The controversial trial opened in a court in Munich. A lot of opinion-makers, notably in Britain, oppose the hunting down of Nazi war criminals sixty-five years after the events. Demjanyuk, 89, is considered by many to be too old to stand trial.
An Israeli court acquitted Demjanyuk on a technicality. The Munich court may not want to convict an elderly Nazi murderer on flimsy evidence because the precedent would bring dozens of other elderly Nazis to trial.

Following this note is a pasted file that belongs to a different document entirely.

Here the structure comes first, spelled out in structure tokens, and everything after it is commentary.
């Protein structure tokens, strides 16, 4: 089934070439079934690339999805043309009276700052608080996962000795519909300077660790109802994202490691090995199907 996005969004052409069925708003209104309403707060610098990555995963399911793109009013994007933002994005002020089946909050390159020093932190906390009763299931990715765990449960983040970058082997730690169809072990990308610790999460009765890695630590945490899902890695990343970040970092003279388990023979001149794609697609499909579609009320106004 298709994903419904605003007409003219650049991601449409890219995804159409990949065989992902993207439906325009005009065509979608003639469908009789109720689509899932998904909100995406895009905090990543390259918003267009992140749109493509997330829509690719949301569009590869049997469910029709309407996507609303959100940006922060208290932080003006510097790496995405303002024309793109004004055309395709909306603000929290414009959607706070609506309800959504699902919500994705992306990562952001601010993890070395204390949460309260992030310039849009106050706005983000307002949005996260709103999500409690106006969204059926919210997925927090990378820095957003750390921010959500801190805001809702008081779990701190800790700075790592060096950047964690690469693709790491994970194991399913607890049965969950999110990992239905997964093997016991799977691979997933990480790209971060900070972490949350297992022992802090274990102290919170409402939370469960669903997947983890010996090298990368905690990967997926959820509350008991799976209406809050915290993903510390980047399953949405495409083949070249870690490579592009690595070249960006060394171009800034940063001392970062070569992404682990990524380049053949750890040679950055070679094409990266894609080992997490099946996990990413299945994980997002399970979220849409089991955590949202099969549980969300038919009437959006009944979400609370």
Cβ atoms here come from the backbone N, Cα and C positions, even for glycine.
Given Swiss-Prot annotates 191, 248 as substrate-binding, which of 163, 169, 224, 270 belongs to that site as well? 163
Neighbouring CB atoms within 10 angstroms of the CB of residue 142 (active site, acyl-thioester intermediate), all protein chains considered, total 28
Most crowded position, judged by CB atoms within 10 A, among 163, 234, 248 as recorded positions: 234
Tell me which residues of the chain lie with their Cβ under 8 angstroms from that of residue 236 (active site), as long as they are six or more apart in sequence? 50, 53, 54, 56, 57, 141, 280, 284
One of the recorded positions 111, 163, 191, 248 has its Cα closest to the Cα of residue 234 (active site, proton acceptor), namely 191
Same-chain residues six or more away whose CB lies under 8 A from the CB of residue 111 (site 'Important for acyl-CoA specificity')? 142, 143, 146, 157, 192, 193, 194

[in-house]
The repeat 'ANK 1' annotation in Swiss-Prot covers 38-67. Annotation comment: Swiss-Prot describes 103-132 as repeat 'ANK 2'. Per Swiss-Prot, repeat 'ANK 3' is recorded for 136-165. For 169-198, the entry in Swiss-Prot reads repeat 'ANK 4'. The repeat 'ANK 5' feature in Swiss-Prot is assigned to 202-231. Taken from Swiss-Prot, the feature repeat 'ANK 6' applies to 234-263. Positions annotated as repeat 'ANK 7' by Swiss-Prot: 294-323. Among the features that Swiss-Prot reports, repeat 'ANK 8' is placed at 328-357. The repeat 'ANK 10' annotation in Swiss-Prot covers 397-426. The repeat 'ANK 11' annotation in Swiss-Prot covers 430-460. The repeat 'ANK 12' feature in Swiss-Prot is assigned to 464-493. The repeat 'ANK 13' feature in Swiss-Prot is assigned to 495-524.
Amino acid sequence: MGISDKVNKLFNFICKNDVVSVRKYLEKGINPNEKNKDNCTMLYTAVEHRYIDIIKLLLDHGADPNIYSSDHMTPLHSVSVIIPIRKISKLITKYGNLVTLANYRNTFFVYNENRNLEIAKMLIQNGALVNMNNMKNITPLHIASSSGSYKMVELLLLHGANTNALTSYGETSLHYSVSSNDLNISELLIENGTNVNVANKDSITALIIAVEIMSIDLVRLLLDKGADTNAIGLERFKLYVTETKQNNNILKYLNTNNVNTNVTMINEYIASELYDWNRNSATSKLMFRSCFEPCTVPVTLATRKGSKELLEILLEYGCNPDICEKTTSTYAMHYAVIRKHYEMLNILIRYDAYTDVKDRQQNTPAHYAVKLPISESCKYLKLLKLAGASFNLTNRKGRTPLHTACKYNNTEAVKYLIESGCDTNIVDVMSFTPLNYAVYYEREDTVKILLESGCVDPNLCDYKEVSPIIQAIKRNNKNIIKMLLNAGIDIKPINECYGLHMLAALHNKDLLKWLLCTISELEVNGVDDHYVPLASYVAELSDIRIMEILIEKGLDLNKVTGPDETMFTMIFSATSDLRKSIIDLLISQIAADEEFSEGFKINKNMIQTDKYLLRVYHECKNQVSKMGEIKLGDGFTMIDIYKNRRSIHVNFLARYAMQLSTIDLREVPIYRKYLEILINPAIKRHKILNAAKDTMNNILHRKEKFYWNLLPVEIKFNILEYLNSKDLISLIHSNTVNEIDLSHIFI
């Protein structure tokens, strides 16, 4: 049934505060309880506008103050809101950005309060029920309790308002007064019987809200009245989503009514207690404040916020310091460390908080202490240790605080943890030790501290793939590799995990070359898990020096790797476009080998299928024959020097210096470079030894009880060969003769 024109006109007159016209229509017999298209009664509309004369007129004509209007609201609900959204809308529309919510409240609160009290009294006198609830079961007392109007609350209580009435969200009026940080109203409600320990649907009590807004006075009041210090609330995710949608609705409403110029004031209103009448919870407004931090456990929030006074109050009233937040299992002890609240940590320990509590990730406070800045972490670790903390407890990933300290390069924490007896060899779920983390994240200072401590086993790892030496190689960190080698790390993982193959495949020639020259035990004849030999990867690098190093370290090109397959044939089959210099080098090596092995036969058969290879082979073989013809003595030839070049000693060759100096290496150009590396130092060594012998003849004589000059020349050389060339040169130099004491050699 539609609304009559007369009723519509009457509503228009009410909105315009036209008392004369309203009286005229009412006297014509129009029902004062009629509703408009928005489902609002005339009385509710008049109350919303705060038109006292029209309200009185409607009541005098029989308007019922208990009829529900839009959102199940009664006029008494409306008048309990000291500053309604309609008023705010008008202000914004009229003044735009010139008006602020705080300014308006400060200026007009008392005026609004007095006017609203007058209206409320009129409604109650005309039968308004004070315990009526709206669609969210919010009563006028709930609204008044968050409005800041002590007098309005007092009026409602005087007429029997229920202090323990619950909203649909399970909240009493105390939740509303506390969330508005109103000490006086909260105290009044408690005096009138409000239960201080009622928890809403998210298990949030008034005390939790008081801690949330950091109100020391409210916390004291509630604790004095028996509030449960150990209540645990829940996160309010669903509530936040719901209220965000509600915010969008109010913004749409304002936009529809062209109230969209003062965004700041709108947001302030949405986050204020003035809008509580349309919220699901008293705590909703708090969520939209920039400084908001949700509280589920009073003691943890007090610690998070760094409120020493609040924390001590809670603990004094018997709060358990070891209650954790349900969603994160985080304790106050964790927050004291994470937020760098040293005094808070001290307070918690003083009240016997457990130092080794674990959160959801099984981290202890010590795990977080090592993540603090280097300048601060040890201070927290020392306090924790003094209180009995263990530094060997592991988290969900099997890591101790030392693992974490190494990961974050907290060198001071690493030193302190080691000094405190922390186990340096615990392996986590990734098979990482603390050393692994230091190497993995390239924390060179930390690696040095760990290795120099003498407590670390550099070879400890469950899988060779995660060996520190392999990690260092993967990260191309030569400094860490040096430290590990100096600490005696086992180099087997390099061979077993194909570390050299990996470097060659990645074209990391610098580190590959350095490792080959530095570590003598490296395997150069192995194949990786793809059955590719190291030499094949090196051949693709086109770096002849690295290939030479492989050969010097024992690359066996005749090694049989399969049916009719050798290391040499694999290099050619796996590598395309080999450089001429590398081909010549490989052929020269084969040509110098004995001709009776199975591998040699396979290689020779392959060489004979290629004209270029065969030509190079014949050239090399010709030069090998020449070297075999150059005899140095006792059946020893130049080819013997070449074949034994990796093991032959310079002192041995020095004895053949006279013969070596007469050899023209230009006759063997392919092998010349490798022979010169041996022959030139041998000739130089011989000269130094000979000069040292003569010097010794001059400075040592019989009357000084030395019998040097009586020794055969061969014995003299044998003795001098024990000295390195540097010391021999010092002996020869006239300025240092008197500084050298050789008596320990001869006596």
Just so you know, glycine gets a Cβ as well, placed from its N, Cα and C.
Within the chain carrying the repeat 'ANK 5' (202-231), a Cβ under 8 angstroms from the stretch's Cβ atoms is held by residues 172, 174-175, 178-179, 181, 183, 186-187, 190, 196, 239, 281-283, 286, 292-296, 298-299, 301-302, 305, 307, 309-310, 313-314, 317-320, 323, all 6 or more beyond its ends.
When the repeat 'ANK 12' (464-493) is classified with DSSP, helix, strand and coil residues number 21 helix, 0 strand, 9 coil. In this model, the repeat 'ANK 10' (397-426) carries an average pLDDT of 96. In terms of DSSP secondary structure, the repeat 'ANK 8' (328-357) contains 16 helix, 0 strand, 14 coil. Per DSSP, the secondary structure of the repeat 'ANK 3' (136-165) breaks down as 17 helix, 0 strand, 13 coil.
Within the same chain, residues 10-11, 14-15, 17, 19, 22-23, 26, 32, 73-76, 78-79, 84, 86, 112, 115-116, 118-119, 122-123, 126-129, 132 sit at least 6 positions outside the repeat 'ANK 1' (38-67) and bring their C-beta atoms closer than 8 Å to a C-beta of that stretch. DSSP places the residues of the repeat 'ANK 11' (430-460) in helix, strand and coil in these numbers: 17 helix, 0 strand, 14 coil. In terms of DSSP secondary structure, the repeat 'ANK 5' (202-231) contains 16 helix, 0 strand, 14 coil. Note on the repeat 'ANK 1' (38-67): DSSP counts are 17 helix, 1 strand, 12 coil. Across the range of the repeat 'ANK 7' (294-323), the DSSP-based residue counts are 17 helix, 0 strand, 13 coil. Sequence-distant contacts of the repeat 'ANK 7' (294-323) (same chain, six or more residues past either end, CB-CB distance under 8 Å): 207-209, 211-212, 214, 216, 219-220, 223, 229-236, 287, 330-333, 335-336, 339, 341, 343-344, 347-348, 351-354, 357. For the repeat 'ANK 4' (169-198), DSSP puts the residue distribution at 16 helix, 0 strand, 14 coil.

The court has to decide on two issues. First, jurisdiction: Demjanyuk can only be tried in Germany if he took part in murdering German Jewish citizens, who were a very small part of those annihilated in the Sobibor death camp. Second, Demjanyuk claims that he was forced to take part in the murders, rather than volunteering for them. Unlike Jewish law, civil law generally excuses a murderer who acted under compulsion.